According to the clinical classification of PH (Dana Point), there are five different types of PH based on underlying causes which are: pulmonary arterial hypertension (PAH), pulmonary hypertension owing to left heart disease (e.g. PH-LVD), pulmonary hypertension owing to lung disease and/or hypoxemia (e.g. PH-COPD or PH-ILD), chronic thromboembolic pulmonary hypertension (CTEPH) and pulmonary hypertension with unclear multifactorial mechanisms. Currently available pharmacological treatments are only approved for the treatment of one of the five types of PH, pulmonary arterial hypertension (PAH).(7) As a result there is a strong need for more research to improve understanding of how all five types of PH can be treated effectively.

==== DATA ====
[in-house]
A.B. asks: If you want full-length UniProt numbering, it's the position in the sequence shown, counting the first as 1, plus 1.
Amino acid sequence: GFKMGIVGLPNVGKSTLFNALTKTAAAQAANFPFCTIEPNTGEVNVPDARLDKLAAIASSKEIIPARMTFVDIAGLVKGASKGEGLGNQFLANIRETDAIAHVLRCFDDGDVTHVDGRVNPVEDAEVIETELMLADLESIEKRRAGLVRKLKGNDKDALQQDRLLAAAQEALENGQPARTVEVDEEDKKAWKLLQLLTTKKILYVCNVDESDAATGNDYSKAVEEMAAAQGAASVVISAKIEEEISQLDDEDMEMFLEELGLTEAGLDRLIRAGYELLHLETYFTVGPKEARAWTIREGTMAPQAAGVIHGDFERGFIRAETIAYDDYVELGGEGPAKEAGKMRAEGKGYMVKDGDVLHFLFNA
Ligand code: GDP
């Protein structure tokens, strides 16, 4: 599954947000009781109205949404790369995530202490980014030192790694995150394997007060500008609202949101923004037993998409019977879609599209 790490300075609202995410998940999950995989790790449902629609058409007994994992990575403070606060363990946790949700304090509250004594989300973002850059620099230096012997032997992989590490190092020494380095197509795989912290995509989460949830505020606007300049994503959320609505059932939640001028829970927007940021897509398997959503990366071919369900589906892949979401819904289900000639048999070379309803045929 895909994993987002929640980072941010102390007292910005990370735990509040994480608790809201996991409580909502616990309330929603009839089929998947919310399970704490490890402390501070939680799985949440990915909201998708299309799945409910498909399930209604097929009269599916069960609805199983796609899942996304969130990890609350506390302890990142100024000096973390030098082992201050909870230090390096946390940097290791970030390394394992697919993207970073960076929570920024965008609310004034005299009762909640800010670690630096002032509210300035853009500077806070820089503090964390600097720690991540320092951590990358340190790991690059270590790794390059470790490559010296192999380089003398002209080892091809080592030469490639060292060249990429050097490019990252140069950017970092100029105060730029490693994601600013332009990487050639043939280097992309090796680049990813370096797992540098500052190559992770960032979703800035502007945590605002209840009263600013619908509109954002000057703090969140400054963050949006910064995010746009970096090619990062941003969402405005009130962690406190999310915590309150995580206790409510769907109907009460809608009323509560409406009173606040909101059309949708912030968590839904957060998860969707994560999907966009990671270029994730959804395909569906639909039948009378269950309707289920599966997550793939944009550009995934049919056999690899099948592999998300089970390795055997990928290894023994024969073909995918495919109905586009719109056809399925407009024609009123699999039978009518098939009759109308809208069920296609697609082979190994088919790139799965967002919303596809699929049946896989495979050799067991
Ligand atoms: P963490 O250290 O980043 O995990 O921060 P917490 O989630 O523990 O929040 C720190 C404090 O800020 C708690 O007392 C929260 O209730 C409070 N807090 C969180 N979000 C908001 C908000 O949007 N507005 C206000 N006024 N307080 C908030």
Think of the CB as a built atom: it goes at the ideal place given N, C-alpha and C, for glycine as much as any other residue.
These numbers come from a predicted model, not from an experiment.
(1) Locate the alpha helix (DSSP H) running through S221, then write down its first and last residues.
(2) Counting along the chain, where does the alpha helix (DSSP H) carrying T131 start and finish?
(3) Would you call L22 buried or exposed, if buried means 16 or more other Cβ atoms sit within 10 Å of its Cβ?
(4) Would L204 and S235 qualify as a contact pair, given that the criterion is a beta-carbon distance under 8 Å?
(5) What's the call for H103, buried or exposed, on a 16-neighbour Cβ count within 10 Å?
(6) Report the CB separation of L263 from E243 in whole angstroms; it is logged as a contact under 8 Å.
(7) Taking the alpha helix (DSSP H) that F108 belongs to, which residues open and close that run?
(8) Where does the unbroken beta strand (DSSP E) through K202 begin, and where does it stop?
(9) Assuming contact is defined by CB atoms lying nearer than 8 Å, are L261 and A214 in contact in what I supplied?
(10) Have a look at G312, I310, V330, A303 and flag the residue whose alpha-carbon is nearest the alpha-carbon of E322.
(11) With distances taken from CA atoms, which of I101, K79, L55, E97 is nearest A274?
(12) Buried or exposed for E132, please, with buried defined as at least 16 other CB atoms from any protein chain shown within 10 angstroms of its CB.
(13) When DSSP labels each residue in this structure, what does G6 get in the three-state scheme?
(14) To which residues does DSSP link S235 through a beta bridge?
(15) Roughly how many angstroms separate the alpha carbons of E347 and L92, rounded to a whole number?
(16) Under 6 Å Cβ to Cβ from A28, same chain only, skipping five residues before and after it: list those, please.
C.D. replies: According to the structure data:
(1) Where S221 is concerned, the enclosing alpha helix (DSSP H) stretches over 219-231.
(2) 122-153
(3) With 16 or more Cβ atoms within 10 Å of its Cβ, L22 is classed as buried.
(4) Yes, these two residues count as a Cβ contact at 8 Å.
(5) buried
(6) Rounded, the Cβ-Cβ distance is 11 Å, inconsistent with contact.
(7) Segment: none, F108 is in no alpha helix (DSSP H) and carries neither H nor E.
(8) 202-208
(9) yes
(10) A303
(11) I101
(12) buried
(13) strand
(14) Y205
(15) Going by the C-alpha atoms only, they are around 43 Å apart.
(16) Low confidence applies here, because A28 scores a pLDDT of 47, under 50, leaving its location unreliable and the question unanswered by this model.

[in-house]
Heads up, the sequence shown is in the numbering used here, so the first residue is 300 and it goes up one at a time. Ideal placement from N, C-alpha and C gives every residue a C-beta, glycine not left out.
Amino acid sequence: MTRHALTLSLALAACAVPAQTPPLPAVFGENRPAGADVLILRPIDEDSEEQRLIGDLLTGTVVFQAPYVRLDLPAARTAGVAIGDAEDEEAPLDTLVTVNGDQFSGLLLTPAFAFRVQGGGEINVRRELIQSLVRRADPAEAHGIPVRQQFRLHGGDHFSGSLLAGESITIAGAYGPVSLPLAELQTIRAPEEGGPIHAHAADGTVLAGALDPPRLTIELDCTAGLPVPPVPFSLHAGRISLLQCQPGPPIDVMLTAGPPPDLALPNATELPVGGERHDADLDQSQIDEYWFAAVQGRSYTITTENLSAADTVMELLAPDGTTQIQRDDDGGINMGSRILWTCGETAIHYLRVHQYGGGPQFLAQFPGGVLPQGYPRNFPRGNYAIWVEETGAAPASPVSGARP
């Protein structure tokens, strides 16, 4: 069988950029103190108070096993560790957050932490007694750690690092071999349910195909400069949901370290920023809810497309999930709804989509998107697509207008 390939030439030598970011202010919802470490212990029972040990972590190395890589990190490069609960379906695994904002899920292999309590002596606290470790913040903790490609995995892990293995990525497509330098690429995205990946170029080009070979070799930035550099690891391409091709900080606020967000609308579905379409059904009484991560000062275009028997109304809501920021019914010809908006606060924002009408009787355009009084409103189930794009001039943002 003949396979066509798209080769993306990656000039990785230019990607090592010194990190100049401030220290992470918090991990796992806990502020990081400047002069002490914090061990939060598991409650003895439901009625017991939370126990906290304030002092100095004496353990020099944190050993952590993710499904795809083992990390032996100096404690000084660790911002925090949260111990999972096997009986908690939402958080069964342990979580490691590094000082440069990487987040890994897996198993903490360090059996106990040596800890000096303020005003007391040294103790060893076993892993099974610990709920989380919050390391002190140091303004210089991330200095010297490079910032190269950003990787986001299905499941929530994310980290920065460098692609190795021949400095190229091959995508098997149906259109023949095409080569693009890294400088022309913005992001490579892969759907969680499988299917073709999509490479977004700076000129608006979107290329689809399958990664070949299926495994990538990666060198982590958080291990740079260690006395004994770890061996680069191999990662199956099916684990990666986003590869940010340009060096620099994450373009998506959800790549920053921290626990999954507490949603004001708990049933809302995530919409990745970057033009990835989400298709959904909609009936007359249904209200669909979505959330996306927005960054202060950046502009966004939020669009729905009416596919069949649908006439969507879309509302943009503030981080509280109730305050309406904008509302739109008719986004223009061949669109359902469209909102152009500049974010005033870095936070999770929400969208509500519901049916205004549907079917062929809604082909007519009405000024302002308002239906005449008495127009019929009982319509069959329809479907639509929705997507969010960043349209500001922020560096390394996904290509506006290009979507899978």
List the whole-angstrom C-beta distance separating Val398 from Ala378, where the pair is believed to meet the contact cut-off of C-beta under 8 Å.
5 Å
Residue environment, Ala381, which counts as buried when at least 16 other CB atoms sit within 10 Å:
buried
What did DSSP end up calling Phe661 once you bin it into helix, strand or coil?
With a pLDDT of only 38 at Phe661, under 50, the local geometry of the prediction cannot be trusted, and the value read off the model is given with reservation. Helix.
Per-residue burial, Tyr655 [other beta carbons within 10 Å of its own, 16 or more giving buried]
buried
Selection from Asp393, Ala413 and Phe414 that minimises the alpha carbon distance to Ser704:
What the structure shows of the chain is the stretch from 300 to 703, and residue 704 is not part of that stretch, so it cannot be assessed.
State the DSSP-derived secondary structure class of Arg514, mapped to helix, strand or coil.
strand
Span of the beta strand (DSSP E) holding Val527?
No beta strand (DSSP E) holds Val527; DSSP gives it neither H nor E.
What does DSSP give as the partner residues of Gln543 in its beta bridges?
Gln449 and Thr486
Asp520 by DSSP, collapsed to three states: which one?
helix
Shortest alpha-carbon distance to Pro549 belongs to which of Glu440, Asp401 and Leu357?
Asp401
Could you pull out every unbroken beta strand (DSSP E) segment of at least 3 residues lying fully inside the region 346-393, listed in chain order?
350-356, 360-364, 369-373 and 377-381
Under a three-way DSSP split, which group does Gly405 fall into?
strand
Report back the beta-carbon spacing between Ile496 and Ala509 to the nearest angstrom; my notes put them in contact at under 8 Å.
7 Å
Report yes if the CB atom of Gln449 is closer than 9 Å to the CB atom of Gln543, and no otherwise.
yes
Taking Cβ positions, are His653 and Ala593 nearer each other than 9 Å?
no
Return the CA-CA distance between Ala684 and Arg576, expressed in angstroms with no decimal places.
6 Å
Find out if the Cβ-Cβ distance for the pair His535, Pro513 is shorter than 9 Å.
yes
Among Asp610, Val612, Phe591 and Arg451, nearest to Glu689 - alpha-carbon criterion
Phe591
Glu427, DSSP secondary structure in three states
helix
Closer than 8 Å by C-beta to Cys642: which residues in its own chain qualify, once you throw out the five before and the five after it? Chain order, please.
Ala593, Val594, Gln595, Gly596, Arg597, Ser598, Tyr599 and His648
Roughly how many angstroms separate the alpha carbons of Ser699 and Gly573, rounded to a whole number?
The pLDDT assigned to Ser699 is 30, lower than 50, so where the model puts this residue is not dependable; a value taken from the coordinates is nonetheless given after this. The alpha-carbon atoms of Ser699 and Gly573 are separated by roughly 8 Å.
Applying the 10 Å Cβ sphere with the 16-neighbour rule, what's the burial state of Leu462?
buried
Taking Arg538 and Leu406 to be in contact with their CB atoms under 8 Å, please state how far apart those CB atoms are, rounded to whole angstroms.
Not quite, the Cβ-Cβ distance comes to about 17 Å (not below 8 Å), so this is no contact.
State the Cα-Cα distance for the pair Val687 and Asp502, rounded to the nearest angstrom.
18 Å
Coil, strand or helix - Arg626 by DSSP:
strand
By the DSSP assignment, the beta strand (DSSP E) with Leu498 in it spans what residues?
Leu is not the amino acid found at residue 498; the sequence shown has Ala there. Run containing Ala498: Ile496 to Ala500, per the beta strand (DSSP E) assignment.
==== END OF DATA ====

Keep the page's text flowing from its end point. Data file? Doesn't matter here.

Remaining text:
About Pulmonary Arterial Hypertension (PAH)
PAH, one of the five types of PH, is a rare but life-threatening disease in which the pressure in the pulmonary arteries is above normal.(11) PAH is characterized by morphological changes to the endothelium of the arteries of the lungs causing remodelling of the tissue, vasoconstriction and thrombosis-in-situ. As a result of these changes, the blood vessels in the lungs are narrowed making it difficult for the heart to pump blood through to the lungs. PAH affects an estimated 52 people per million globally.(12) It is more prevalent in younger women than men. In most cases PAH has no known cause and, in some cases, it can be inherited.(11)

Despite the availability of several approved therapies, the prognosis for patients with PAH remains poor.(3)